A Champagne Resolution

The Allisons’ family countdown



Each New Year’s Eve, Sandra and John Allison gather with their three sons and their wives to celebrate with a traditional family dinner. Assembled in the entrance hall with smilax on the stairwell are son, Jack, and his wife, Carolina; John and Sandra, and daughter-in-law, Heather. Heather’s husband, Greg, has not arrived yet. Jennifer and David are not pictured.

Robert Clark

One of Sandra Allison’s favorite phone calls usually comes sometime between Thanksgiving and Christmas. “When I hear one of my sons say, ‘Mom, will you and Dad be in town for New Years?’ I know what’s coming,” she says with a laugh, “a New Year’s Eve dinner in our home. I can’t imagine a better way to ring in the New Year than with family.”

Sandra does not remember exactly what year her three sons, David, Greg, and Jack — and now their three wives as well — began spending New Year’s Eve in Columbia, but she knows it has been long enough to have an established set of traditions. “We all dress up a bit and also set a pretty table for family dinners; for New Year’s Eve I use white china with a gold rim,” says Sandra. “Heather, Greg’s wife, lends me her gold chargers, which really look nice, and she brings an appetizer. Carolina, Jack’s wife, is super creative, so she helps with decor. And Jennifer, David’s wife, makes amazing breakfast casseroles.”

Crystal goblets for wine and water add sparkle to the table; a close inspection reveals that they do not all match, which is a favorite story in the Allison family. “In an attempt at equitable distribution of her estate, John’s mother split everything in half, including her crystal stemware,” shares Sandra, smiling. “John and his brother each received three of this and three of that. We call them the mix and match family glasses!”

The family enjoys other traditions as well, some old, some new. In 2017, for instance, Sandra repurposed the calligraphy place cards from the rehearsal dinners of both Carolina and Jack as well as Heather and Greg by stringing them onto pretty ribbon and hanging them on the back of each chair to mark that person’s seat. Votive candles, which have always decorated the mantle, now flicker from deep green glass holders, which have been custom made by Carolina.

 

“Carolina had them engraved in a pattern that matches a set of antique juice glasses that we often use for water at family dinners,” says Sandra. “They fit beautifully into this room.”

And what a room it is. Situated along one of the long sides of the house, the dining room is filled with architectural delights, including an antique fireplace mantle from England with dentil molding detail. A set of French doors opens onto a picture-perfect Charleston-style garden. What appears to be wallpaper is actually Venetian fabric by Fortuny in the 17th century Sevres design that was installed by the home’s second owner.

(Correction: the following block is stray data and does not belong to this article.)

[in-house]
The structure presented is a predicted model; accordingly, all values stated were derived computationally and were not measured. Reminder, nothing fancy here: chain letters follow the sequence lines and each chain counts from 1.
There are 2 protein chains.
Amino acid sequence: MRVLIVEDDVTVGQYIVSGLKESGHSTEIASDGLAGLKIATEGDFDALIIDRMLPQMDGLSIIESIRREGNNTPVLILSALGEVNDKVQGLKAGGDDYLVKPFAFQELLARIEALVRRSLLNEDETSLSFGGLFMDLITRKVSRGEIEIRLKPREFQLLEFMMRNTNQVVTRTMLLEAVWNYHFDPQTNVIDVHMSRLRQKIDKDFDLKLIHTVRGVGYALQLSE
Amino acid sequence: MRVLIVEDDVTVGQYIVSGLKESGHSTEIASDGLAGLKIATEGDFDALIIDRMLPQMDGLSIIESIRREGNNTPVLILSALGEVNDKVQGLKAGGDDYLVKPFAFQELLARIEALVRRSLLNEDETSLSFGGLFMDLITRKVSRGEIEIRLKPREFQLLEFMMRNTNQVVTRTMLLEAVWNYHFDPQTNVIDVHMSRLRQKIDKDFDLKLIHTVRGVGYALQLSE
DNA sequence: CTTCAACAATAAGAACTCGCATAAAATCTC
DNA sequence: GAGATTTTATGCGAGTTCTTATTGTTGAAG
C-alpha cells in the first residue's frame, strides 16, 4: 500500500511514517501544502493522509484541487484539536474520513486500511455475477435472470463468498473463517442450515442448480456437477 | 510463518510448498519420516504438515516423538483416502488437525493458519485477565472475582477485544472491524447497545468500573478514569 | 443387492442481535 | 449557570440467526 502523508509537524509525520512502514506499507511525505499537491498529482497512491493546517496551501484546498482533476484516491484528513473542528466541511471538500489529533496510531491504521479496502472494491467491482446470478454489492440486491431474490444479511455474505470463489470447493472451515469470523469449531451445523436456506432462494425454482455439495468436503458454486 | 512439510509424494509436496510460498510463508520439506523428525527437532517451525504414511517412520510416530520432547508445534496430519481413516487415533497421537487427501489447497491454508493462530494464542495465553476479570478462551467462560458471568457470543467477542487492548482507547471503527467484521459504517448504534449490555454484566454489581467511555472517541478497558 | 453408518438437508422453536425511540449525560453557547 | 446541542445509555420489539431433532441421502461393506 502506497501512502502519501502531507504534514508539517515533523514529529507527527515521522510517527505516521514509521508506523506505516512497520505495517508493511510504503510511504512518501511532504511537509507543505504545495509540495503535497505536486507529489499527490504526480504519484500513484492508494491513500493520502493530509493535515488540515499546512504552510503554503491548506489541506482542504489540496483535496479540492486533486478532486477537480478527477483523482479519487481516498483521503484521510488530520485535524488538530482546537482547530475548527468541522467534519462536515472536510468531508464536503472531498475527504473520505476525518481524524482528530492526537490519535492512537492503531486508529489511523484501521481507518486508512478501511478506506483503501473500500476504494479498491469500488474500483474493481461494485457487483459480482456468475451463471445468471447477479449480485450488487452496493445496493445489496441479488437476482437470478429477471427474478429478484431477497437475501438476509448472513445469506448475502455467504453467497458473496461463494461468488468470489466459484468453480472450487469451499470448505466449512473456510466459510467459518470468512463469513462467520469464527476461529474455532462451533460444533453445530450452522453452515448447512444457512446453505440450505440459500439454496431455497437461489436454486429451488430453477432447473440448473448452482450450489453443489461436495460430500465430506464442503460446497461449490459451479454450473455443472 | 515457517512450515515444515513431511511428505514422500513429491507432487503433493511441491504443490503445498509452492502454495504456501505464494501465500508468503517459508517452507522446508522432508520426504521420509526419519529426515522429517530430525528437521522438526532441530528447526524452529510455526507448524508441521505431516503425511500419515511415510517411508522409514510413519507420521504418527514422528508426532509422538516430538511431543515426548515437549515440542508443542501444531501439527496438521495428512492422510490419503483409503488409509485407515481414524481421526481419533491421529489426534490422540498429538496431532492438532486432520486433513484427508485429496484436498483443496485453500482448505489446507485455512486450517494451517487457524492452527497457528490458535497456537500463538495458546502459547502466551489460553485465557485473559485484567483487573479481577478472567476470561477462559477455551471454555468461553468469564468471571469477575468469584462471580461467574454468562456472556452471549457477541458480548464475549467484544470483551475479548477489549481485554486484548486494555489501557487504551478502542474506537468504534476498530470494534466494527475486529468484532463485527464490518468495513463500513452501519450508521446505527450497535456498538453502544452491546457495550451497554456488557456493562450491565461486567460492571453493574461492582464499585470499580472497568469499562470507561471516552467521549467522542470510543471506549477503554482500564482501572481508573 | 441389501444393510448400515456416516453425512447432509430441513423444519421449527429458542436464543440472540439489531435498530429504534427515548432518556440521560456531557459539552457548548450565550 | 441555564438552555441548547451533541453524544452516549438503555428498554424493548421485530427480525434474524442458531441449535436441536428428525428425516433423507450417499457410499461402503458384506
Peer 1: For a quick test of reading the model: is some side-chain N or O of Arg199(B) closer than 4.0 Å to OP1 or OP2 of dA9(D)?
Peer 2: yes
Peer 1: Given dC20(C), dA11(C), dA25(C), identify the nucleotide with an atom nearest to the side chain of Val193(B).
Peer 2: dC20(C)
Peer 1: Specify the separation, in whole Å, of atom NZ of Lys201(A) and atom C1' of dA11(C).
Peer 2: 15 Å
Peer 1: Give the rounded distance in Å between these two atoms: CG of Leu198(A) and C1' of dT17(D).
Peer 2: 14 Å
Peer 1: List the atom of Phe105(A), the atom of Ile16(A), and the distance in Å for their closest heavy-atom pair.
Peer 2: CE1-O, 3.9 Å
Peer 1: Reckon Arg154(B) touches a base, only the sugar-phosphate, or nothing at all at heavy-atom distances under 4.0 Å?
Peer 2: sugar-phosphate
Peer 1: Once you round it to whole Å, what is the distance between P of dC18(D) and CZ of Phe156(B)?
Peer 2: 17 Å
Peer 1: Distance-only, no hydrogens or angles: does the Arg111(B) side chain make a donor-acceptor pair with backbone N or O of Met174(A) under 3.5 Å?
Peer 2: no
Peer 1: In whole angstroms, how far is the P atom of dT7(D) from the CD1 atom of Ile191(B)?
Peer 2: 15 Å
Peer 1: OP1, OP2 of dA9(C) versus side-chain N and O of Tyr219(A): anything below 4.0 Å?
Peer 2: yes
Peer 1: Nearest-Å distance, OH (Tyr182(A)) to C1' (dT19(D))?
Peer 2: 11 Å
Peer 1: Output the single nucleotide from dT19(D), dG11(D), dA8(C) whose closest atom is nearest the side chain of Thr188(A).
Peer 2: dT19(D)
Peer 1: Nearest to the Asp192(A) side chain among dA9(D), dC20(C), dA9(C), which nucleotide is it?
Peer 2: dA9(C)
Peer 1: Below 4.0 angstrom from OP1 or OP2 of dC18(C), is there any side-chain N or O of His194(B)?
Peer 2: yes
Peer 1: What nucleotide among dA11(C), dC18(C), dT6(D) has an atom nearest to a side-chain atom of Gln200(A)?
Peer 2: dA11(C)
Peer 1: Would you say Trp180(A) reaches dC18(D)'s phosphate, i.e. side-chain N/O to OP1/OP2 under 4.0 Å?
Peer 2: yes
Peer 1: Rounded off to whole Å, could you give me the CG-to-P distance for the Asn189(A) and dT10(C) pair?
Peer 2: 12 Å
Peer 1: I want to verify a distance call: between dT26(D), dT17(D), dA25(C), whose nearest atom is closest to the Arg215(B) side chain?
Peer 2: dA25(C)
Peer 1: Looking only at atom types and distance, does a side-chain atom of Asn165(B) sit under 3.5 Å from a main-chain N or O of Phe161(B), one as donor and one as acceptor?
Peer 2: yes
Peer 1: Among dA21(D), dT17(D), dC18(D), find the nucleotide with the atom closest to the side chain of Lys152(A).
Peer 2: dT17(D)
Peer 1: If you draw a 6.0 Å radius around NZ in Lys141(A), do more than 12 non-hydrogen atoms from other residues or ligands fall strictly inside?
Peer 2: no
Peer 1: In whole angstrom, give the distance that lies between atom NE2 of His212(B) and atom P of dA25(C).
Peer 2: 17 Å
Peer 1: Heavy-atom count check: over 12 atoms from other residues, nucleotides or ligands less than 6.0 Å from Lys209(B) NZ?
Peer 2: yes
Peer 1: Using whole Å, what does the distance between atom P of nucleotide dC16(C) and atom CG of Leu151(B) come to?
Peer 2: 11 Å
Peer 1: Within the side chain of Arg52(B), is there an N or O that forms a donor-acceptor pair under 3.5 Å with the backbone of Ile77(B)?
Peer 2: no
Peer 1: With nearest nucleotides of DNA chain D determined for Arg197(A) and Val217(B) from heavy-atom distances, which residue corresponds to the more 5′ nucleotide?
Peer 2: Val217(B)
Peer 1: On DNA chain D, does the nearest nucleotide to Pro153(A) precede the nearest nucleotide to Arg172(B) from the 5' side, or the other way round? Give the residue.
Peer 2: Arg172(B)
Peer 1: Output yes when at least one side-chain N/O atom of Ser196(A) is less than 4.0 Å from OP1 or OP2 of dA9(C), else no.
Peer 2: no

“When we looked to buy the house, the first thing I said to the former owner when I walked into this room was how much I adored the wallpaper,” laughs Sandra. “He looked at me and said, ‘This is not wallpaper,’ and went on to explain about the Fortuny family and their fabric artistry.” It turns out that this fabric is so rare that when word of its existence reached a member of the Fortuny company, he called and inquired about visiting. “We knew it was special, but he told us that it’s actually priceless,” says Sandra. “I’m glad we like it so much!”

In the dining room this year, Sandra has set the votives into a lacy veil of smilax, which curls gracefully around each candle and spills over the mantle. A lush but low arrangement of greenery mixed with white roses and lilies fills a long, narrow glass container and gives the table a soft but tailored look.

“I can always count on Cricket Newman for a centerpiece that is simple but beautiful,” says Sandra. “This room looks best with lots of greenery, and she gets that. She also knows how to make it full without overwhelming the table.”

White candles and pressed napkins maintain the monochromatic color scheme, which is brightened by glittering noisemakers tucked into each place setting with organza ribbon. One glossy serving board sparkles with silver Champagne chillers and wine coasters while another displays a towering coconut cake and festive petits fours, all decorated with a sprinkling of silver dragees, confections with a hard outer shell. The family’s favorite dessert, though, is not on display.